Perhaps the feature that I like the most is one that Ralph McKittrick told me about. I had an electric winch mounted to the frame on the floor of my trailer way at the front. It is a 12 Volt 12,000 lb winch. I run it off a deep discharge marine battery and it works great for loading and unloading by yourself. These cars are large and there is not much room on either side between your car and the wheel wells of the trailer. It is hard to see while you are driving, and unless you are an old pro at loading and unloading, it can be a little un-nerving. With the winch, you can stand in front of the car holding a remote switch, see your clearance on both sides, and move the car in (or out) 1 foot at a time. If you see a problem, you stop. Also, if the car has quit running for some reason (not that your cars would do that) you can still get it into the trailer and get it home.

    Happy Motoring,



    Thanks Chris and Dave for the added info. Knew I could count on P-A Friends to help me get through this expensive decision. Regards, to ALL


    Hello Walter,

    Regarding the trailer, any good trailer builder will want specific dimensions of the vehicles you will carry. They should get so specific as to want a ton of dimensions, as in, the distance from the bumper to the front edge of the front door, from the rear bumper to the back of the front door, etc. This is so they can make the trailer and position the tie downs and jump door exactly where you need them. I had an extra set of tie down hooks placed forward of what I needed for my Series 80. Extra dome light sets (three sets of two) are good as is a second spare tire and an extra roof vent. The winch should run off of the battery that connects to the electric jack to raise and lower the tongue (no hand cranking). The winch can be installed after the fact at a good savings. Flooring as Chris mentioned is a big deal, but most reputable trailers will give you at least a 5-year warranty on the wood floor. As usual, everything depends on how much you want to spend. $10k should get your a nice 24-ft enclosed trailer with a 7-1/2-foot interior height + extras, which is necessary for a Series 80 or three. If you want more, then you will spend more. You are out west, so you need to hunt there. I have a United Trailer, UTX, but they are an Indiana group and that is a long way, freight wise, from Washington state. Good luck, Peter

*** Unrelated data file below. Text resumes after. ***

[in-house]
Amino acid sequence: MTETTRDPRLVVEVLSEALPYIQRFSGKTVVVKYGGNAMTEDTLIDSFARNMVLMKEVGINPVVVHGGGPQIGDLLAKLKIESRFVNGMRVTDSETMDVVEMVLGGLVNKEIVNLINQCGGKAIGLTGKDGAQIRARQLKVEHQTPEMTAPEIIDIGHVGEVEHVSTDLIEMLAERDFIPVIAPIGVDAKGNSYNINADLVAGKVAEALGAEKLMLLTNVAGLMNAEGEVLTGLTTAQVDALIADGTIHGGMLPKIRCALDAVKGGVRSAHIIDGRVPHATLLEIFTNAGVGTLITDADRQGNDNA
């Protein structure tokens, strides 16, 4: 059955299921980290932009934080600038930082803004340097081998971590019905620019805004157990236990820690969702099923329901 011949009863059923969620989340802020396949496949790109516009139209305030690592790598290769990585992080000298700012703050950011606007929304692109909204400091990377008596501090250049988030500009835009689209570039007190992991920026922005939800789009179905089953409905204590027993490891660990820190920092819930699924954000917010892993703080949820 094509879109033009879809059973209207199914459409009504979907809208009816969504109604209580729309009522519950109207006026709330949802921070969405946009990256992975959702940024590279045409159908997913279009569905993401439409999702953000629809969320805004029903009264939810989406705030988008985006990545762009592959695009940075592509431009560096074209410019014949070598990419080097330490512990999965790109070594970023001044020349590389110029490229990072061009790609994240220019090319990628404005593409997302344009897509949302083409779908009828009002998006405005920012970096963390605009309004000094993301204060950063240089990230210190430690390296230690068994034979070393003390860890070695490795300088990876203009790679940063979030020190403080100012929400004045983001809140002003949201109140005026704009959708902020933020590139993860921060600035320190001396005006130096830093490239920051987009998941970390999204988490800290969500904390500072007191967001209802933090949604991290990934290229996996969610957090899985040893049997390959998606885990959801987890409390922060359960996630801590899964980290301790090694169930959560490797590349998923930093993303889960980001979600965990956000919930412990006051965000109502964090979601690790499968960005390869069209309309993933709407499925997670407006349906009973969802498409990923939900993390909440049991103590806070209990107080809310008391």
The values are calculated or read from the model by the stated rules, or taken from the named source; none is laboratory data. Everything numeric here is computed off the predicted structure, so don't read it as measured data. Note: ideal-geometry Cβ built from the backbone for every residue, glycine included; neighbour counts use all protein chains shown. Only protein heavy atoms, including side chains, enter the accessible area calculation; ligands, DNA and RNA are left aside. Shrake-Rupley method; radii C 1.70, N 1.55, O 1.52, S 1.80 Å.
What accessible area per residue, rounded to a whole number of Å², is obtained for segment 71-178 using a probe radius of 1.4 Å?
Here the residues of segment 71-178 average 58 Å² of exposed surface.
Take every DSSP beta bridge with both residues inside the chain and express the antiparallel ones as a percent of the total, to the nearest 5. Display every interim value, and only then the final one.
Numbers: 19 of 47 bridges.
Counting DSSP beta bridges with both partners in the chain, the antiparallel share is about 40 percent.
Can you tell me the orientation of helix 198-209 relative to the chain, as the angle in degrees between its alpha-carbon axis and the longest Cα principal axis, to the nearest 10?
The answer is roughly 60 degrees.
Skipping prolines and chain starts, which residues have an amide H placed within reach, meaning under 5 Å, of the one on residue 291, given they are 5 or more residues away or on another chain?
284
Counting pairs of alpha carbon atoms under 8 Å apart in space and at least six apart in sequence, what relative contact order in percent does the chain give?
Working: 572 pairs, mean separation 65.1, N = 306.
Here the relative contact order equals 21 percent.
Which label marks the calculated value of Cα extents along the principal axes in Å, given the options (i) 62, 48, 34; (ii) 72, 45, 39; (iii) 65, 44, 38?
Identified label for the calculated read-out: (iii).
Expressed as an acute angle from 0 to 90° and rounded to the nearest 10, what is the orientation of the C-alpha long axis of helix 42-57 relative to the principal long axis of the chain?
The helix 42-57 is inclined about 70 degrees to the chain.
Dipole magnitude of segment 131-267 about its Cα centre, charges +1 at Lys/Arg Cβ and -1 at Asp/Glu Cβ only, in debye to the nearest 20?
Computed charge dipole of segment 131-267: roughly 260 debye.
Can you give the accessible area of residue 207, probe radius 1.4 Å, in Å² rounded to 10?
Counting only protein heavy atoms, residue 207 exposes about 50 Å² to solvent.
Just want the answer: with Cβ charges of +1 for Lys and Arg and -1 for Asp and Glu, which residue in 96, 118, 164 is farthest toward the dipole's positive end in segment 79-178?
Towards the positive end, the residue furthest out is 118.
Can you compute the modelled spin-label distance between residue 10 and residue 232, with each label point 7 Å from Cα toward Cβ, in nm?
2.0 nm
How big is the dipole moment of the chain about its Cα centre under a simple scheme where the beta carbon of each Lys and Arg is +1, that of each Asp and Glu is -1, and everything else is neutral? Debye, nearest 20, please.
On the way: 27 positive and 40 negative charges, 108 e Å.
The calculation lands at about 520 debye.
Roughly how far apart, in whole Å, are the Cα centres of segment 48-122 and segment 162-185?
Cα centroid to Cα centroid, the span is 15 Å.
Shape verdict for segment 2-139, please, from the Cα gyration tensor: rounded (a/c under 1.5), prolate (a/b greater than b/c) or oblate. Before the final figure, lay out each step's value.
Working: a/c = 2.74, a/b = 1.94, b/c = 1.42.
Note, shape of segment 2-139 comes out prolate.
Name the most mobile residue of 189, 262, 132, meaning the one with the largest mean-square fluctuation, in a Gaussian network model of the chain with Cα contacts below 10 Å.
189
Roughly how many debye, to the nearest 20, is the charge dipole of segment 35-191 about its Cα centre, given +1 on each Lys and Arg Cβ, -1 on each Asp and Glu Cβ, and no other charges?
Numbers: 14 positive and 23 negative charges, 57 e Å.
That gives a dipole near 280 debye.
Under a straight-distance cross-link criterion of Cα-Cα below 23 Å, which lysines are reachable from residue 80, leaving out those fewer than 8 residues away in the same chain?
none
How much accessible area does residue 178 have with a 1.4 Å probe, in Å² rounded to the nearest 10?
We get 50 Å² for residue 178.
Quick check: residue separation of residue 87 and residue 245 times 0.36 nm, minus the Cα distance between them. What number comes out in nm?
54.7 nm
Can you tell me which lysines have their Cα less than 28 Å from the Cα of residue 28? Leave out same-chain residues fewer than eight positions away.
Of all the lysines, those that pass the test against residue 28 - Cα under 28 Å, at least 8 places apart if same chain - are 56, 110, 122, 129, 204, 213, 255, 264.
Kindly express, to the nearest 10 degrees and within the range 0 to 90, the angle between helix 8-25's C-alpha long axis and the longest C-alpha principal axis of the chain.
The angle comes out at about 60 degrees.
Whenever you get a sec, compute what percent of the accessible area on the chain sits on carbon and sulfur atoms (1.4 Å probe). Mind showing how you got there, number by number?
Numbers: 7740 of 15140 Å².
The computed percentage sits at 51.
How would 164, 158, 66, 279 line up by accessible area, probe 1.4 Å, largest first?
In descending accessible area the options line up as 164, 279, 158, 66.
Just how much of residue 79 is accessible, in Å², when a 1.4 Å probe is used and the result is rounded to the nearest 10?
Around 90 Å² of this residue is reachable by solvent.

Proper trailers are just part of the battle.While checking out the

    Tahoe version of Hot August Nites,I visited the Mac’s Tie Down booth.

    The owner showed me why the tie downs that I have taken for granted

    as safe,are accidents waiting to happen.Most trailer manufacturers

    equip new trailers with D-rings that take care of their bottom line.

    Then we go out and buy any old straps.

    Mac’s over engineer’s their D-rings and tie-downs and will give you

    personal attention.Our fine,heavy weight cars deserve to remain secured

    to the trailer in case of an accident.Mac’s Tie Downs will design a

    system and provide U.S. made components to get you there safely.

    Tony Costa


    Thanking all who have responded. This is great info for many of us in the PAS, especially some of the safty bits for towing. We spend so much time on our PA’s then forget about the potential hazards of transpoting them to an event. Last ime we had Godfrey on the road, my Wife was driving and had to avoid a railroad tie that fell off a truck in front on i-5. It slalomed quite well!


    A word to the wise if you ever have to get a tow while in your car. A member lost his car two years ago when the tow truck driver of a roll back did not properly secure the 1936 1601 sedan. It fell off and rolled down a mountain road till it stopped when it hit a house. It wasn’t pretty. Be careful when trailering or towing. Ed


    PS. Yes, the car was so damaged it was totaled and parted out. A sad end to a very nice California Pierce.


    Walter, glad to hear you are moving to Camano Island and retiring. Maybe now we will get you and the Pierce’s on the road on some tours. The nice thing about living north of the city is we can just drive from home and not need to trailer on many of the events. The NW Pierce club went to Penticton BC a few weeks ago over the North Cascades and we had a great trip.

    Once you are moved and settled I’d love to come by and see your cars.

    Rich Anderson – Whidbey Island